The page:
hey, very nicely shot video! and i feel for you, 5 days for that route is short especially with low water on the sturgeon.
the campsite on selkirk is one of my favourite campsites in all of temagami.
hey brian, i assume the witches portages have always been terrible- wouldn't be the same if they got cleared (just joking)!
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stajanleafs
Member

Post Number: 2
Registered: 01-2013
Posted on Friday, January 18, 2013 - 10:47 am:   Edit Post Delete Post

The Witchs portages we're still really overgrown, though the odd portage sign and flagging tape helped at junctions. Lots of blowdowns, and the difference between trail and bush was extremely minimal. Definitely a slog and the hardest portages enroute. GPS and a bit of patience went a long way when the trail disappeared.
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bryan
Member

Post Number: 4
Registered: 09-2012
Posted on Friday, January 18, 2013 - 11:32 am:   Edit Post Delete Post

MNR only likes cutting live trees, preferably Old Growth.
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grncnu
Member

Post Number: 255
Registered: 08-2010
Posted on Friday, January 18, 2013 - 10:26 pm:   Edit Post Delete Post

...as befits its name, the ministry of natural resources isn't interested in trees but in lumber. possibly we need a ministry of natural heritage, a ministry of nastawgan, or something like that but last time i looked there was no such thing.
actually i have to admit i don't even LIKE the idea of the government maintaining portages on non-park i.e. crown land, anymore than i want them to take over maintenance of my own property. These non-park crown lands actually belong collectively to the people of canada, which is why the canoe routes should properly be maintained by the people who use them, canoeists. i make the distinction "non-park" because parks are a separate category of lands for which the government has been granted extra jurisdiction by the public which in fact owns them; of course the government "owns" none of these lands...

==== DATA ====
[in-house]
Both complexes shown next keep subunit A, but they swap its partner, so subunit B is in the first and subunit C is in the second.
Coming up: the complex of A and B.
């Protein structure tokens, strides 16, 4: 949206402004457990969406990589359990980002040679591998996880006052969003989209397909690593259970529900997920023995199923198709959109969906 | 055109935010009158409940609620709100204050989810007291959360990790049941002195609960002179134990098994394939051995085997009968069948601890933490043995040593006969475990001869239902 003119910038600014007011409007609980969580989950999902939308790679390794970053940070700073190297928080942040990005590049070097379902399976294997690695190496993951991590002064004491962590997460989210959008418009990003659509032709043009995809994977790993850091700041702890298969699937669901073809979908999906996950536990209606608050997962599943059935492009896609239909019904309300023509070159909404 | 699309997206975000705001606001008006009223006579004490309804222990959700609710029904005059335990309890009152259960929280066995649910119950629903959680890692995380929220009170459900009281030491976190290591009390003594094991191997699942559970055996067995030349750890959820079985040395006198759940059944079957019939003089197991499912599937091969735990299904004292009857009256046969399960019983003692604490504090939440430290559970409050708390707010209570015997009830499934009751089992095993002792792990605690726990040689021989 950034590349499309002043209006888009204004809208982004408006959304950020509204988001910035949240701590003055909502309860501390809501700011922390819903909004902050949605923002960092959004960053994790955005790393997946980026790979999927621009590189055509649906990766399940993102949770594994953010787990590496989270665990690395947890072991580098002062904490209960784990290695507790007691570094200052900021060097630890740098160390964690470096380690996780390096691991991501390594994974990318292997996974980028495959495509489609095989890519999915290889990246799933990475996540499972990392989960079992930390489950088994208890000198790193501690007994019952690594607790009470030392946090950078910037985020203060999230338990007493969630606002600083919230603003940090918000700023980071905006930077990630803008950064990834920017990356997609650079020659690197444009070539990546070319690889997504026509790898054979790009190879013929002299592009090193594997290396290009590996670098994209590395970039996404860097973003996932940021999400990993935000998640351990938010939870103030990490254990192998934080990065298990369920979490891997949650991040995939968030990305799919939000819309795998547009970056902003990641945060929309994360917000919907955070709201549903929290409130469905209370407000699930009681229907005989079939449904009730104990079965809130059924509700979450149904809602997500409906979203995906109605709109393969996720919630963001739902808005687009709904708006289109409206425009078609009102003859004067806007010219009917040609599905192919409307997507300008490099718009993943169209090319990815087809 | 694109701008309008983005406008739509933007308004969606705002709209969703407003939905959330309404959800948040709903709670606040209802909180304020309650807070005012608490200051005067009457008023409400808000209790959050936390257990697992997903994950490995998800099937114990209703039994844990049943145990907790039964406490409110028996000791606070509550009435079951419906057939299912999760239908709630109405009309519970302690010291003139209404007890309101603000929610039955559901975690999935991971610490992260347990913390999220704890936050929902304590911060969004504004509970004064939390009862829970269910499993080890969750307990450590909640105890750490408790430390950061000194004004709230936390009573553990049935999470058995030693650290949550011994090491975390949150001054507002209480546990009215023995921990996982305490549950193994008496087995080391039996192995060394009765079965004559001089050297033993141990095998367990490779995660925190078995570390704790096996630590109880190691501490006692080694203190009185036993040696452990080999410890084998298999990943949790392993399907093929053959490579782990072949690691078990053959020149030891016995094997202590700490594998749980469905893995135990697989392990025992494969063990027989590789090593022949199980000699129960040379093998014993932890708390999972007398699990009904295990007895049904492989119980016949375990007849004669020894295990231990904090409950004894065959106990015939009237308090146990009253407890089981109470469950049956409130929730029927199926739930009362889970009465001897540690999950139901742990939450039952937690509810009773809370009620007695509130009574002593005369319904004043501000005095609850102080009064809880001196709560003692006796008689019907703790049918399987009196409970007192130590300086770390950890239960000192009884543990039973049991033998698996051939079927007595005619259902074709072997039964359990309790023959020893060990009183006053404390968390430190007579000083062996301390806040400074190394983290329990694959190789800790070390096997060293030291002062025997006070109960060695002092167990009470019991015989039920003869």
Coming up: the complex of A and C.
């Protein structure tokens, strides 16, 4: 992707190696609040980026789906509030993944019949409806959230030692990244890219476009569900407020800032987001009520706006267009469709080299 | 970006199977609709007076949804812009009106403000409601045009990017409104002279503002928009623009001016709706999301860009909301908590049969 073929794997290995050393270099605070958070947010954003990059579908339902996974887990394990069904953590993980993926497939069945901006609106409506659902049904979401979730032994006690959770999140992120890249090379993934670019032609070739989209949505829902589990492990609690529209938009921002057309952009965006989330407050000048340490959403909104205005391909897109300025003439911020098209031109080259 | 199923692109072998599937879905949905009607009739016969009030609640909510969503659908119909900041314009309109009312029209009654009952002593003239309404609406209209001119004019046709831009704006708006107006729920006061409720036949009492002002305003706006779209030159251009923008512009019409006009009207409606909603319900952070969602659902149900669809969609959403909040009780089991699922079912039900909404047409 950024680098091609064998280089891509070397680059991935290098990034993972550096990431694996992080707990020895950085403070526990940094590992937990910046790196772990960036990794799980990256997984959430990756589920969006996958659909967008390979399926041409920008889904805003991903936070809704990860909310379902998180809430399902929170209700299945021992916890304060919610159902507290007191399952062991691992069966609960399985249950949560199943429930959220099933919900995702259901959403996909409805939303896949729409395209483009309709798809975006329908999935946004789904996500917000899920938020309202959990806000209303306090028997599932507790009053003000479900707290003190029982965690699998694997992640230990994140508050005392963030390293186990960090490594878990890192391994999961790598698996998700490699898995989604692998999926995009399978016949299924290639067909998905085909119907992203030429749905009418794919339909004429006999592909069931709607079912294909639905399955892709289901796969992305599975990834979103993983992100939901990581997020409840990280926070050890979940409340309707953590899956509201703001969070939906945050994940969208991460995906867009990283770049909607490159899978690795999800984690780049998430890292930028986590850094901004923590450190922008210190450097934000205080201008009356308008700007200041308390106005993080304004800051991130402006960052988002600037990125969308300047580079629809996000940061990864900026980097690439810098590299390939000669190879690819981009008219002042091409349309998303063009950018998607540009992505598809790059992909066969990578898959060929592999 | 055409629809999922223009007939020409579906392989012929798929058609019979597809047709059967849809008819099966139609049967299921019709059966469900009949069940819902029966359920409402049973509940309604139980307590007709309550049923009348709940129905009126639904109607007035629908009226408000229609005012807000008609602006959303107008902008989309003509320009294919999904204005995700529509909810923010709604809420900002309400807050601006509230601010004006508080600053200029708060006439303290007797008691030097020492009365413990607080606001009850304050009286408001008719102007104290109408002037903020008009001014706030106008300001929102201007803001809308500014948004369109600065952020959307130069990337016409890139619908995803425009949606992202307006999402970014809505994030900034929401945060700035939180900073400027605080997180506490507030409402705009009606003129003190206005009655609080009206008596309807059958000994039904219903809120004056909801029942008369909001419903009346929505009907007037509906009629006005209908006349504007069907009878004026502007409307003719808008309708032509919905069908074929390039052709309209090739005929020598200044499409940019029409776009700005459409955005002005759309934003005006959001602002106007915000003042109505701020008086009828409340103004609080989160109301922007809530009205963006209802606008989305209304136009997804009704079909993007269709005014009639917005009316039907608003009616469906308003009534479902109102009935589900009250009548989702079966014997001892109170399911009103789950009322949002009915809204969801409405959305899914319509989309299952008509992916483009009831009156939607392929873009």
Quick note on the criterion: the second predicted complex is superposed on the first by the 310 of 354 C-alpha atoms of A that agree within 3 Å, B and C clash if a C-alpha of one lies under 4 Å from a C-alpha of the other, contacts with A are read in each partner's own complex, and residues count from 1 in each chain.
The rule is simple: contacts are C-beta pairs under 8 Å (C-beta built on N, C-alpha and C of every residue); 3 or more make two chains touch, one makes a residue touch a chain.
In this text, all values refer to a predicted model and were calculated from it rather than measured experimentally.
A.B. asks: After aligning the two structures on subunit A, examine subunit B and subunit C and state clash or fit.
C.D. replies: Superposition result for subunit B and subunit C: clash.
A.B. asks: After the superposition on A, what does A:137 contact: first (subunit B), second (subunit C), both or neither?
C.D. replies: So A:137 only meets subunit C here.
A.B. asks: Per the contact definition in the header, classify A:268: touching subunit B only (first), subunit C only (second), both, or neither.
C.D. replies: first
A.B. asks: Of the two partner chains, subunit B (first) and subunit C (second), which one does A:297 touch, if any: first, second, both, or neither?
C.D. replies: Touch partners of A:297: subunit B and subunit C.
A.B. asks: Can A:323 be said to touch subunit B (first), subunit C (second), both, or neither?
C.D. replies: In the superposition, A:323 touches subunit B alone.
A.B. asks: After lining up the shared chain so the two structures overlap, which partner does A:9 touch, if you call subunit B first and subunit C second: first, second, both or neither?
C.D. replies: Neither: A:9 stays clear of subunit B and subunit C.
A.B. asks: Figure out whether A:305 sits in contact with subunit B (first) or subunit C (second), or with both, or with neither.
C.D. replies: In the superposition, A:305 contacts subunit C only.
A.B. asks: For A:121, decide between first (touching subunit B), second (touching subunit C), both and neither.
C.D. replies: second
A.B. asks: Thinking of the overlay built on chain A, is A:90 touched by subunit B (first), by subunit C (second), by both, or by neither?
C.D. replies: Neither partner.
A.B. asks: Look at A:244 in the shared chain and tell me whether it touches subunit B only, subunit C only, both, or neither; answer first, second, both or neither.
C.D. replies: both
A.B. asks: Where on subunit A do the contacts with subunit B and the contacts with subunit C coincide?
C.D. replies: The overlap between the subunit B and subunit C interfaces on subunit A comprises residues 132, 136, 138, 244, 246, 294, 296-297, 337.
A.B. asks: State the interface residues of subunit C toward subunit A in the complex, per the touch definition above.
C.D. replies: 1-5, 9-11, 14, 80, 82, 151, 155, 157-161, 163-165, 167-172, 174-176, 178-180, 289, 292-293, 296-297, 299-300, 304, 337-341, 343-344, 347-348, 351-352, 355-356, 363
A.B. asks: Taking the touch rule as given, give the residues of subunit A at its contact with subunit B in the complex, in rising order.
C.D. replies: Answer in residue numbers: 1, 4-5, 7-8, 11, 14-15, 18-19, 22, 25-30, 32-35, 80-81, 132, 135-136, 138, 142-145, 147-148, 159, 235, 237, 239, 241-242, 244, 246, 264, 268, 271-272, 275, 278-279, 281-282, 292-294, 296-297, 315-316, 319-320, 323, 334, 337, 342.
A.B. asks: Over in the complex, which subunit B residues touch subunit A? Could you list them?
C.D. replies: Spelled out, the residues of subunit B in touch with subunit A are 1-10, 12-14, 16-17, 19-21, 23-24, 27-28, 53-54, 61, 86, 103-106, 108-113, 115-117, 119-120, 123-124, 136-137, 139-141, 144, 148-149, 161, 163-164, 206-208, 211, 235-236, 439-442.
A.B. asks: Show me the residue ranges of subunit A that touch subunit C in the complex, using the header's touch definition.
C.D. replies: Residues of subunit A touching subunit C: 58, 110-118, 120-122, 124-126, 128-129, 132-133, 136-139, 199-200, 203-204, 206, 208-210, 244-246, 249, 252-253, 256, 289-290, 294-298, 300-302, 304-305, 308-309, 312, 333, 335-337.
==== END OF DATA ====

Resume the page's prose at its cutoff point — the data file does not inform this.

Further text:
with freedom (in this case the freedom to travel by canoe on pulicly-owned lands) comes responsibility, the responsibility of maintaining the routes.
in my opinion we need to renew and reaffirm the old ethic (which with first nations goes back thousands of years) that the users alone have the responsibility to maintain the routes.
canoeists: the routes are not government-owned facilities like community centres, nor are they all on government-maintained lands like parks.
we need to budget sufficient time on our trips to keep portages, landings, creek routes, campsites, etc. usable. we cannot (and should not WANT to) expect anyone else to do it for us...
end of rant.
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bryan
Member

Post Number: 5
Registered: 09-2012
Posted on Saturday, January 19, 2013 - 6:52 am:   Edit Post Delete Post

I do agree that people using the portages need to be thinking about how to give back and contribute to their ongoing maintenance. Traveling with an "Ethic of Care" not an "Ethic of Expectation". Most of us would move something in front of us, others would trip over it and look to blame someone else. It would be nice to see young people hired still to do this work, giving them the opportunity to develop a connection to the land. They are the next generation that needs to value N'Daki Menan.
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scottb
Member

Post Number: 22
Registered: 01-2013


Posted on Saturday, January 19, 2013 - 12:35 pm:   Edit Post Delete Post

I have to agree with you guys. The less the government gets involved up there, the less they muck things up. I would be happy to clear out that trail this spring. We are going up to basin the weekend of May 24.